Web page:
Nigel Tufnel, from This is Spinal Tap, said it best: "It's like, how much more black could this be? And the answer is none. None more black."
A new material has been developed that's so devoid of reflection, looking at it is like looking into a black hole. Vantablack, from U.K.-based Surrey Nanosystems, absorbs all but 0.035 percent of the incident light that bounces off it. You can't see it; you can only see the objects around it.
In fact, the material is so black that even when crumpled, it still looks completely flat.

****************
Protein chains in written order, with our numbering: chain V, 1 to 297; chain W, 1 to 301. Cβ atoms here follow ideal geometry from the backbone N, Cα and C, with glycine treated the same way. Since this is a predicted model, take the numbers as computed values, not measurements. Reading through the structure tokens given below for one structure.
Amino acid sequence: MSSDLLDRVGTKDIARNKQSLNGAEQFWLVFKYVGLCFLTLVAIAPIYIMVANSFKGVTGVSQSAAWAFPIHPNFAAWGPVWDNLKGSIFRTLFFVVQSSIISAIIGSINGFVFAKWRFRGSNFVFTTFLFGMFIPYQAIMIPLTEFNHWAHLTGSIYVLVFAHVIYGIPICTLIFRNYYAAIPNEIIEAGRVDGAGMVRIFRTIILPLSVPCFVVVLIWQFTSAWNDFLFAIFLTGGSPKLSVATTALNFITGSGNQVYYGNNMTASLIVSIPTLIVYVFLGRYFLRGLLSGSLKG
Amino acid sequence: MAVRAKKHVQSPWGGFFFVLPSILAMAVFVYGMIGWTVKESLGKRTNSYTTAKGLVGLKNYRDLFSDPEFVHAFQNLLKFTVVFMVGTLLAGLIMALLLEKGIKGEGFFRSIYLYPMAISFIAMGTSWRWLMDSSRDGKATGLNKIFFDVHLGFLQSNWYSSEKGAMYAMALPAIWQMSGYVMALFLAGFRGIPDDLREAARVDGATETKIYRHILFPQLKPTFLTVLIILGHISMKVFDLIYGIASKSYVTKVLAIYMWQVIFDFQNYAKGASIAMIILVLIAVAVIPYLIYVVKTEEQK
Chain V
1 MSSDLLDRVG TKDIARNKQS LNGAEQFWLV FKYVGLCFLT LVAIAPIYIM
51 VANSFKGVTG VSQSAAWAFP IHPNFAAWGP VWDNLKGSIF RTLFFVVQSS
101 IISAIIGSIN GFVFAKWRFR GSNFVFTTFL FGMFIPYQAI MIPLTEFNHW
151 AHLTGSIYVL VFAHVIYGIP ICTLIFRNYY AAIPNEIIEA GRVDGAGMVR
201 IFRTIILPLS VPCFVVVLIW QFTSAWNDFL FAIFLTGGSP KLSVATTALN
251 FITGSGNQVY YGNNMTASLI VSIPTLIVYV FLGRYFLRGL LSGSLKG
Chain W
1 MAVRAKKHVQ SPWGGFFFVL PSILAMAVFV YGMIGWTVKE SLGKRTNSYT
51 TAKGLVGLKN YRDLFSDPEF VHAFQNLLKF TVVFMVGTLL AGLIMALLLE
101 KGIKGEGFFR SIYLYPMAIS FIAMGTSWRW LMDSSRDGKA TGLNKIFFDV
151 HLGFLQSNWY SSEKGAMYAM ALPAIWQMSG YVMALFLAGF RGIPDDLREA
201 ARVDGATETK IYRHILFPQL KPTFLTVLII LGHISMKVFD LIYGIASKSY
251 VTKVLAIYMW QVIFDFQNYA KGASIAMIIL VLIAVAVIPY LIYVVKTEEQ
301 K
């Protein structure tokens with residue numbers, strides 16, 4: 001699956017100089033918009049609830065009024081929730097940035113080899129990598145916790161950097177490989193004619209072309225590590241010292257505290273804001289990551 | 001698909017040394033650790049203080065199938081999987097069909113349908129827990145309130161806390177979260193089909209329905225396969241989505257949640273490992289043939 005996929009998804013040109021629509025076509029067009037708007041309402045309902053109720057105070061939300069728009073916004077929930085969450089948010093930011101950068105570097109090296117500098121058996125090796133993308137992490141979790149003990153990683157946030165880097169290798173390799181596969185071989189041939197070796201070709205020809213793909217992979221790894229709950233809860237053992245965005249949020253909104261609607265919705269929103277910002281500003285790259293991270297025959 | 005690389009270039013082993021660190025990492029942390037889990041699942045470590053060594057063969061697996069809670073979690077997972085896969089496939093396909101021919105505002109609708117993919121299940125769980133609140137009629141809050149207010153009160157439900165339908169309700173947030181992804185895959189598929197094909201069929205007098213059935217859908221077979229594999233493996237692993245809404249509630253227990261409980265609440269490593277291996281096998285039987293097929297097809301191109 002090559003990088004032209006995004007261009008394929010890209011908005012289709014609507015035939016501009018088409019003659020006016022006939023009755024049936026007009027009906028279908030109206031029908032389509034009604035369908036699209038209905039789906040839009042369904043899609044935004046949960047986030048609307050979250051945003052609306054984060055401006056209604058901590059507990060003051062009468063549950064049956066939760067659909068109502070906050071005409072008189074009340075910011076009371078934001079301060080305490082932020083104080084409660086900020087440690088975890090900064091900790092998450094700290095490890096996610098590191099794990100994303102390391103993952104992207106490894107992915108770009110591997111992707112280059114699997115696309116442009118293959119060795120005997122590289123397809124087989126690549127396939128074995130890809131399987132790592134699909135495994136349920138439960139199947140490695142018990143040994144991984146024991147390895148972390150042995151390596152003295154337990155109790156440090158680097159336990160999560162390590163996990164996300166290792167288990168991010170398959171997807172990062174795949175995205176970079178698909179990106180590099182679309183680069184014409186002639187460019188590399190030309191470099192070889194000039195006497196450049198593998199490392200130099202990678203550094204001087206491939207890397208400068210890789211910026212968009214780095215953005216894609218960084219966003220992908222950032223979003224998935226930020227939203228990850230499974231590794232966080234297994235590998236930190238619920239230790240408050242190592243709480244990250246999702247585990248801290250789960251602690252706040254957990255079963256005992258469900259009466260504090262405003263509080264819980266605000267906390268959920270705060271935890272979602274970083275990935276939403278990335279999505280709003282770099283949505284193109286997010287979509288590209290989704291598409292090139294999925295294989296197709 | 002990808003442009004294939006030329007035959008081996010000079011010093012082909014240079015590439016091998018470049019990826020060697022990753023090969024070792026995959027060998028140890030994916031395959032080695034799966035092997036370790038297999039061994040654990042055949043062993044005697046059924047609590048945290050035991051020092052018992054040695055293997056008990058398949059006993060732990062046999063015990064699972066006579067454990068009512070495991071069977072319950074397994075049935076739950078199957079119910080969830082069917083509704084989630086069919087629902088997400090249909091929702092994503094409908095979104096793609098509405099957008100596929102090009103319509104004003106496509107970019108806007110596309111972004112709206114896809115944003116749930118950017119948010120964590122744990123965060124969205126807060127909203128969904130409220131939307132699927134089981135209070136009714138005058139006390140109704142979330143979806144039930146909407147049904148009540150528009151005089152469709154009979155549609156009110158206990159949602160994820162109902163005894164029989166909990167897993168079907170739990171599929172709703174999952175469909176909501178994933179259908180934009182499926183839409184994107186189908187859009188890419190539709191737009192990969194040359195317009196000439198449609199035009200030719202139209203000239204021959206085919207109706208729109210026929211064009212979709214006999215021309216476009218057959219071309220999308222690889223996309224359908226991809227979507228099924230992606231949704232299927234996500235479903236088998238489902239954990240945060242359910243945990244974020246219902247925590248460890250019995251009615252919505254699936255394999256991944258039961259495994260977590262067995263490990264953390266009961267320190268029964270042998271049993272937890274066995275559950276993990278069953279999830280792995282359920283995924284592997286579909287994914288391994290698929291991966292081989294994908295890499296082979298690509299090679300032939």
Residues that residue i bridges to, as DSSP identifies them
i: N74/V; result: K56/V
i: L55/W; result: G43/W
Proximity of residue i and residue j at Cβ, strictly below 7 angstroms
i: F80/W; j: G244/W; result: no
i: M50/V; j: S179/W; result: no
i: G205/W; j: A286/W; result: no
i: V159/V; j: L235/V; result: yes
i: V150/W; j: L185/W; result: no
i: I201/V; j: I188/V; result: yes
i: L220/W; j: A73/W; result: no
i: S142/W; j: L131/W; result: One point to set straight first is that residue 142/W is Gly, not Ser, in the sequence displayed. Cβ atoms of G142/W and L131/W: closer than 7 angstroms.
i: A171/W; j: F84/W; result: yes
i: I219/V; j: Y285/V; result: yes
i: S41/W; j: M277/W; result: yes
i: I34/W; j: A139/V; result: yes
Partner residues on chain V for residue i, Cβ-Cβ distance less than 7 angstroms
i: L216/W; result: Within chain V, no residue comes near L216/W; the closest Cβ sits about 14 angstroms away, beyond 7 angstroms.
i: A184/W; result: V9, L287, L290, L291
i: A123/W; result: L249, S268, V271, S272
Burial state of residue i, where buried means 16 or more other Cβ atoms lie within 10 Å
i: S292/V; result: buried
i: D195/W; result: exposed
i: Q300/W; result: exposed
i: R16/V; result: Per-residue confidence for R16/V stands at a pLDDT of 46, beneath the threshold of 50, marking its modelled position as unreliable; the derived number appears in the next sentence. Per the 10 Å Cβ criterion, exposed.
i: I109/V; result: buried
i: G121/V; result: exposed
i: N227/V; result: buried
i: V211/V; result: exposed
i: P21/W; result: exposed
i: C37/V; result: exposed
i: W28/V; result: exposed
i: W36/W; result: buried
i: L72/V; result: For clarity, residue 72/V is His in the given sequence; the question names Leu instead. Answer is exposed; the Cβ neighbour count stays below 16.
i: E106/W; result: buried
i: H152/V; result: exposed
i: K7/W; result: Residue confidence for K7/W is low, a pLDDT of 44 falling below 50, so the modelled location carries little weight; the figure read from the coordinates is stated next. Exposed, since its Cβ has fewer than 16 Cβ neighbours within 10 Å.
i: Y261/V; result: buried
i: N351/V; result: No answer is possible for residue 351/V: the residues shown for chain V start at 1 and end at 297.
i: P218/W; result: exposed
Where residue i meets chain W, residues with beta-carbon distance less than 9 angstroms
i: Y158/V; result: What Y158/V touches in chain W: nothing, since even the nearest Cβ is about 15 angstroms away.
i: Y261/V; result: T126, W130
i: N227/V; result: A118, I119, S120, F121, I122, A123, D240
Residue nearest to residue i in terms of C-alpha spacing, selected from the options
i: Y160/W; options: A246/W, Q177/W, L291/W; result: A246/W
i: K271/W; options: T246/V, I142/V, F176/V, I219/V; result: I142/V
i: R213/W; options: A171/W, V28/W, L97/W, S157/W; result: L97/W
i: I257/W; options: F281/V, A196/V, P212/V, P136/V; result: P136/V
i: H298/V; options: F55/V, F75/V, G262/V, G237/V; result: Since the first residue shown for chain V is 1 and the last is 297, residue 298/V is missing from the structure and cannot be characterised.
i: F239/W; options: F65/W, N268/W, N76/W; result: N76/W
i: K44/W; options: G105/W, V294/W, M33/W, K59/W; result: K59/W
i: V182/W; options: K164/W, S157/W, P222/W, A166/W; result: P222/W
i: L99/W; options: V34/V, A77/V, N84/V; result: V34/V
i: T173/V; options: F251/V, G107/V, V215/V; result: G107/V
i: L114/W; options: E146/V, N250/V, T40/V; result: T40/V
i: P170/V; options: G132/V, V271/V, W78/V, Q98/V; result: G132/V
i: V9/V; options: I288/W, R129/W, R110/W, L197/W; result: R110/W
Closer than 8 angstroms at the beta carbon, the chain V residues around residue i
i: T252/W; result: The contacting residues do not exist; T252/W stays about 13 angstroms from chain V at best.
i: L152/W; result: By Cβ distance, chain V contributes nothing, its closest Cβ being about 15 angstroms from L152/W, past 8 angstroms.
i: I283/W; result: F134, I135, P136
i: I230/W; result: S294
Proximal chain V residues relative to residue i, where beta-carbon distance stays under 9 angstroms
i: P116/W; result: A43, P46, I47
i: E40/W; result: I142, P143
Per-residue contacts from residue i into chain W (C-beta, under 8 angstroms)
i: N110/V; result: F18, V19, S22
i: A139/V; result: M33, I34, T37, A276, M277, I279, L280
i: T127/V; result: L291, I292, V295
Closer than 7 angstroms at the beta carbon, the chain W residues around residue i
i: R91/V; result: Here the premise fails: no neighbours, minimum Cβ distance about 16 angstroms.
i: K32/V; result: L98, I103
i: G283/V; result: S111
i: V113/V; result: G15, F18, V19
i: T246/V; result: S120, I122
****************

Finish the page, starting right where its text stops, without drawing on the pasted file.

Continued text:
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"You expect to see the hills [of the bends and crumples] and all you can see ... it's like black, like a hole, like there's nothing there. It just looks so strange," the company's CTO, Ben Jensen, told the Independent.
Back in 2008, scientists at Rensselaer Polytechnic Institute achieved a similar goal and for a while, their material, which absorbed all but 0.045 percent of light, was the darkest. But now Surrey Nanosystems has surpassed that.